Better a consumer-led market change than a hard-nosed edict

Thursday, September 24, 2020
Chris Woodward (

electric car chargingThe Democratic governor of California has announced plans to phase out gasoline-powered vehicles in his state in less than two decades. A free-market expert in Sacramento says the governor's edict isn't necessary because consumers there are already demonstrating a preference for electric vehicles.

Governor Gavin Newsom made the announcement on Wednesday as part of an executive order which bans the sale of new gasoline-powered vehicles in the state by 2035. Newsom argues the move will reduce greenhouse gas emissions and help combat what he believes is man-made climate change.

"We are advancing the cause with the support of the California Air Resources Board to once again lead not only this nation, but in many respects lead the world in terms of establishing a framework where we can accelerate innovation, we can accelerate adaptation and adoption, and we can in turn grow the economic pie here in the state of California, bringing more and more Californians along," the governor said.

Steven Greenhut, western region director of the R Street Institute, points out the market is already moving in the direction of electric vehicles, especially in the Golden State.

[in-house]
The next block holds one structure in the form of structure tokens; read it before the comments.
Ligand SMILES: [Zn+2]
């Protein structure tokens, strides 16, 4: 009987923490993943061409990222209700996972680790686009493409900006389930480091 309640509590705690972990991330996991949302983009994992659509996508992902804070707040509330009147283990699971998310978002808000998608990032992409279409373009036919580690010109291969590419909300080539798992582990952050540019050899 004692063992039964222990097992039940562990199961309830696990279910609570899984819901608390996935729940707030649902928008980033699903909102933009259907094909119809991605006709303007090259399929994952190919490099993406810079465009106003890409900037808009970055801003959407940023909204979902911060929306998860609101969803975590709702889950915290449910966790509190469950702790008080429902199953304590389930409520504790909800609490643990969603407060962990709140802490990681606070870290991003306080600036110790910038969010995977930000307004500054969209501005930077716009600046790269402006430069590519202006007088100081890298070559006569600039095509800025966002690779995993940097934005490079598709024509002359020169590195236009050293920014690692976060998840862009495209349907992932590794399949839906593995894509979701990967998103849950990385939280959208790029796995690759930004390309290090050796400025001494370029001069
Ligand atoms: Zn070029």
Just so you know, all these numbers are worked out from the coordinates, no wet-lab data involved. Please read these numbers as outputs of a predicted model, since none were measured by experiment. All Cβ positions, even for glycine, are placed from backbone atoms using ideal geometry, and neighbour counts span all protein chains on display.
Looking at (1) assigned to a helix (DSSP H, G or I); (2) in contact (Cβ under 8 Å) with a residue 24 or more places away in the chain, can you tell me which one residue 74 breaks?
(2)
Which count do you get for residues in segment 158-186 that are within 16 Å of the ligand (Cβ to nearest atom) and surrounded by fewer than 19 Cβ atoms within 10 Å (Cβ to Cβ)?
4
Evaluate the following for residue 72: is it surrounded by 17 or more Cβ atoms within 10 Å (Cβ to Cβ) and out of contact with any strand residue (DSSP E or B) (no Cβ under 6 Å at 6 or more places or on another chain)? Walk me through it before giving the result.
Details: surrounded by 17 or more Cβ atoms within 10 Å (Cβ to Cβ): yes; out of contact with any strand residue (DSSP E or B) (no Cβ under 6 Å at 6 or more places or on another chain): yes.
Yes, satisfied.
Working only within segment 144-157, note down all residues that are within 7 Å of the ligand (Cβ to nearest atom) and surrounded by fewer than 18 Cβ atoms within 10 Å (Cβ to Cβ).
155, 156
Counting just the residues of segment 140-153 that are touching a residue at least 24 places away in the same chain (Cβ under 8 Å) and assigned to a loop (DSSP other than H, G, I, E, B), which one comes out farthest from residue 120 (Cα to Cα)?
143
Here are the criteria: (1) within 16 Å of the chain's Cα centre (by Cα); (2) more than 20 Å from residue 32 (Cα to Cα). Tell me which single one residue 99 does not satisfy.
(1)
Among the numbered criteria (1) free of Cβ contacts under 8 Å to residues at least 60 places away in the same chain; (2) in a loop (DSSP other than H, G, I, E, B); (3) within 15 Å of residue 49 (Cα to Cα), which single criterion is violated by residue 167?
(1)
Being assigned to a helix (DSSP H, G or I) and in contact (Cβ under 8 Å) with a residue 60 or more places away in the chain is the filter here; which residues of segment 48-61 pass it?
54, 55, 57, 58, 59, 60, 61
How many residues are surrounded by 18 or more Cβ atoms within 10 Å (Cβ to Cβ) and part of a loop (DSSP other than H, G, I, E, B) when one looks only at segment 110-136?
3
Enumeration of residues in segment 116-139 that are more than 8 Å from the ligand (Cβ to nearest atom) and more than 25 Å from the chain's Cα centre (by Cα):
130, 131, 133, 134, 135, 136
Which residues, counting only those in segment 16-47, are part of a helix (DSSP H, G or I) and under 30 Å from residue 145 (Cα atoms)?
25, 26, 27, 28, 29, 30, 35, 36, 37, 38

"Out here, electric cars are popular," Greenhut tells OneNewsNow. "[The governor's order is] just another edict that's going to raise prices on people and make it tougher for lower-income people, mandating all sorts of changes in our infrastructure when the market is already moving in that direction."

He adds there is still an environmental concern with electric vehicles (EVs).

"I like electric cars, but they shift the pollution from the tailpipe to the electricity generating plant – but the market is sorting these things out and I don't think the governor should be doing this," Greenhut continues.

In his announcement, Governor Newsome stated: "This is the most impactful step our state can take to fight climate change …. Our cars shouldn't make wildfires worse – and create more days filled with smoky air. Cars shouldn't melt glaciers or raise sea levels threatening our cherished beaches and coastlines."

Greenhut accuses Newsome of being overly focused on climate change.

"[I'm] not saying it isn't happening, but he's ignoring the real-world policy choices that he could be making," he explains, "like with the wildfires [where] it's more of a land management and a bureaucracy issue that he's not dealing with."

Governor Newsom's order will not prevent someone from owning a gas-powered vehicle in 2035. It also allows for the sale of gas-powered vehicles on the used car market.


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